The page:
East Lifestyle Limited, the high street bohemian fashion retailer known as East has entered administration for the second time in three years, putting hundreds of jobs at risk.

The womenswear retailer was founded by former Monsoon staff and opened its doors on Fulham Road, London, in 1994, which is close to Company Debt’s Central London office. Since this time, East had built up a national network of 34 shops and 15 concessions. However, like many other high profile fashion retailers, it has been battling against a tough trading environment, with falling consumer spending, increased payroll costs and online competition all ratcheting up the pressure. The boho chic retailer also failed to secure the investment needed to bring its expansion plans to fruition.

Restructuring Specialists in London

FRP Advisory, the restructuring specialists that are also the professional advisers overseeing the collapse of BHS, was called in on 29 January and have said the business will trade as normal while it works on options to sell all, or parts of the business.

In a statement, the administrators said: “Unfortunately, East is the latest high-street casualty, following a tough trading period at the end of last year.

“The retailer was making progress to expand its footprint, particularly looking at international opportunities, however, it has been unable to secure the necessary funding to realise those plans,” he added.

This is the second time the retailer has gone into administration. In 2015, parts of the old company were brought back by new company East Lifestyle Limited through a pre-pack deal worth £3.4m, rescuing 550 jobs across 82 stores. The pre-pack deal offloaded 16 loss-making stores and 5 concessions, with a loss of 156 jobs, according to trade publication Drapers, a move that was necessary to secure the retailer’s future.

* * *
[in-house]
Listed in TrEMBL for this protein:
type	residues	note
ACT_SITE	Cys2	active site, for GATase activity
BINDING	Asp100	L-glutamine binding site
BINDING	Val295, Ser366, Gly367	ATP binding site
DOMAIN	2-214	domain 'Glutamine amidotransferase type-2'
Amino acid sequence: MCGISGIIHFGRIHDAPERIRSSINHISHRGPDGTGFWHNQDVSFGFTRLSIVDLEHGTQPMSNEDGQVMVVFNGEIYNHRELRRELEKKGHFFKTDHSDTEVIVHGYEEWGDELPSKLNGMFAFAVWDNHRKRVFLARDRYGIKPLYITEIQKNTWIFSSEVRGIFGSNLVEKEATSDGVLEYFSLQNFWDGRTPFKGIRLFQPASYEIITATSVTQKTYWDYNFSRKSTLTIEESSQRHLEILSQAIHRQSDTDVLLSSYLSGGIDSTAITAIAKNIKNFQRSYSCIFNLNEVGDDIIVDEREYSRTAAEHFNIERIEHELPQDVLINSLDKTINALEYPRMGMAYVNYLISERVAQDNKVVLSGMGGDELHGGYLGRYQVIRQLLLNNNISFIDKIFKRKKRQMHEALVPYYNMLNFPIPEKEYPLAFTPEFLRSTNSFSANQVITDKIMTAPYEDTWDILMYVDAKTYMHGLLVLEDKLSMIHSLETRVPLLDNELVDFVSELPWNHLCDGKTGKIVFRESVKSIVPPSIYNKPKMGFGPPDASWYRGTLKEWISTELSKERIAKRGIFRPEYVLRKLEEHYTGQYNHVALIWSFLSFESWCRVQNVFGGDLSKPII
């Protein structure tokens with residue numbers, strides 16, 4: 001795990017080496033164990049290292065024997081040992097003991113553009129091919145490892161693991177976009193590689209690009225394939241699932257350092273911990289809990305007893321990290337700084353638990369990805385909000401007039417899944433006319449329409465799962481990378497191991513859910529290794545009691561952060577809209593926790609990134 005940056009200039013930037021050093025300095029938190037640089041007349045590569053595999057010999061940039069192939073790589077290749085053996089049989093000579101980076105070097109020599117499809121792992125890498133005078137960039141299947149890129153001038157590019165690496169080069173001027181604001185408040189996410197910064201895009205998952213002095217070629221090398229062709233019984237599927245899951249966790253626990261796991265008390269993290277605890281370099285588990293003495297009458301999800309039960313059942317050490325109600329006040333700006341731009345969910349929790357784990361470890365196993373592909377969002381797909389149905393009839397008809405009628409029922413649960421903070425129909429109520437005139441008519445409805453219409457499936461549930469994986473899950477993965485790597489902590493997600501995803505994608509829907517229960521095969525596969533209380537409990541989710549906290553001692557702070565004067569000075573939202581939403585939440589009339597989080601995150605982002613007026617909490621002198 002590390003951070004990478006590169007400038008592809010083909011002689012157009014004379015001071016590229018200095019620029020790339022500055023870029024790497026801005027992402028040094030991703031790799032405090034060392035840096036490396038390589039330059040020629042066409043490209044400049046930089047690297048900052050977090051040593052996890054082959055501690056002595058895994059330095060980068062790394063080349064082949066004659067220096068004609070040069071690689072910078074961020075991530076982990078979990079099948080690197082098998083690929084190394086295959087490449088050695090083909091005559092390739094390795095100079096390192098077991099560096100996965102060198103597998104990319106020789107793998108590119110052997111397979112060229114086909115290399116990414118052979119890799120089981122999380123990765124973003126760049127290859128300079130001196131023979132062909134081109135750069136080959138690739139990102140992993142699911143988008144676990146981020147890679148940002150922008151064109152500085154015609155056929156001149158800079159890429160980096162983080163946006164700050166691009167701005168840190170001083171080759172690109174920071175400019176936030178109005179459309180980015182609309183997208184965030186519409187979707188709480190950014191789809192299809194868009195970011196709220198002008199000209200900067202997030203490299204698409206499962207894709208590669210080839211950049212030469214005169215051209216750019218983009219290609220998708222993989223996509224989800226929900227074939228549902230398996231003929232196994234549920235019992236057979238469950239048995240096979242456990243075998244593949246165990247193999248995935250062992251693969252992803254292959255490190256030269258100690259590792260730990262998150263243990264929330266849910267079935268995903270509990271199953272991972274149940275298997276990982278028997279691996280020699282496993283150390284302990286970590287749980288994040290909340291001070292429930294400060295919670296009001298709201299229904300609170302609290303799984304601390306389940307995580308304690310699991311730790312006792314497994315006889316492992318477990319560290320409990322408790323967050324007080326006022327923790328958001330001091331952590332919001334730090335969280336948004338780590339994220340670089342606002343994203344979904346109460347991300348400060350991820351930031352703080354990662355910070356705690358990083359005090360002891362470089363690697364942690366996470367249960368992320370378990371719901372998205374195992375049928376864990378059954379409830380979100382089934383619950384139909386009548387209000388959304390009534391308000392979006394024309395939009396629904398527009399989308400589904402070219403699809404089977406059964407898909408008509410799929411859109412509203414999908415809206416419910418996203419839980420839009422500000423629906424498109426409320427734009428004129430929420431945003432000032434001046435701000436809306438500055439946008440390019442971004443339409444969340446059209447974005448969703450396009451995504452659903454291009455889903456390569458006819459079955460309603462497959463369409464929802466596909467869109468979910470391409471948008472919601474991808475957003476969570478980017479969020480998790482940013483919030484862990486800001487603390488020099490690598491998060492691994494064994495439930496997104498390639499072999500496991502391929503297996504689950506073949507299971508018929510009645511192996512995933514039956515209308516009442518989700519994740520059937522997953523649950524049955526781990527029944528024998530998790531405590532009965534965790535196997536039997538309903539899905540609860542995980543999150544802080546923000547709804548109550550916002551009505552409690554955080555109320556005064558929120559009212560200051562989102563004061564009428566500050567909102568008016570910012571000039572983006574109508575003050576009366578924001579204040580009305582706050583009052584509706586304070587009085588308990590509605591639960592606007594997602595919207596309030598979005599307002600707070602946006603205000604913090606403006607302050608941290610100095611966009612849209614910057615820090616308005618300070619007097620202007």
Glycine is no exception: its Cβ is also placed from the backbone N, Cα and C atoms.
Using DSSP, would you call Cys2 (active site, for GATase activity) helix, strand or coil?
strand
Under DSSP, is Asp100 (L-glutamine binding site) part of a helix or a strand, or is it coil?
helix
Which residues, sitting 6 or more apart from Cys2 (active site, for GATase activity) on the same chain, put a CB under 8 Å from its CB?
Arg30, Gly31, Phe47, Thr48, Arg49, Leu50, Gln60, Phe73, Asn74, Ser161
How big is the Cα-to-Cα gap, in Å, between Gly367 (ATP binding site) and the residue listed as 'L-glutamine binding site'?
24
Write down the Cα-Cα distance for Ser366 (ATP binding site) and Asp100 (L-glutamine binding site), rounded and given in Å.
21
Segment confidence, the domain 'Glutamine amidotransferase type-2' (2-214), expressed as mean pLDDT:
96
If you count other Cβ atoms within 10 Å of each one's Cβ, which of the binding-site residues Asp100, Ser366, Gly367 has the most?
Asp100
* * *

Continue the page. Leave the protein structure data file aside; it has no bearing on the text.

At this time and since 2012, East Lifestyle’s sole shareholder was Fabindia, an Indian retail group, which promotes and sells India’s vast array of craft traditions and was founded in 1960. However, Fabindia sold an 80% share in East to New York-based investor Rahul Kakar from Crore Capital in 2016.

London Retail Sector

Accountancy firm Moore Stephens has warned that 19% of UK clothing retailers are showing early warning signs of insolvency. Their research indicates that out of 35,078 UK fashion retailers that were analysed, 6,580 are showing early signs of financial distress, such as a large drop in revenue and/or poor payment history.

Jeremy Willmont, Head of Restructuring and Insolvency at Moore Stephens, commented: “Clothing retailers have faced some of the most difficult trading conditions since the recession in the past year. Fashion retailers have been hit by the perfect storm of rising costs, falling consumer spending and increased competition. All three have heaped pressure on revenue and made profit margins difficult to maintain.

“The increasing popularity of online-only retailers, who have more manageable bills for business rates and lower payroll, means that many fashion retailers will need to improve their ‘bricks and clicks’ offering if they are to thrive.”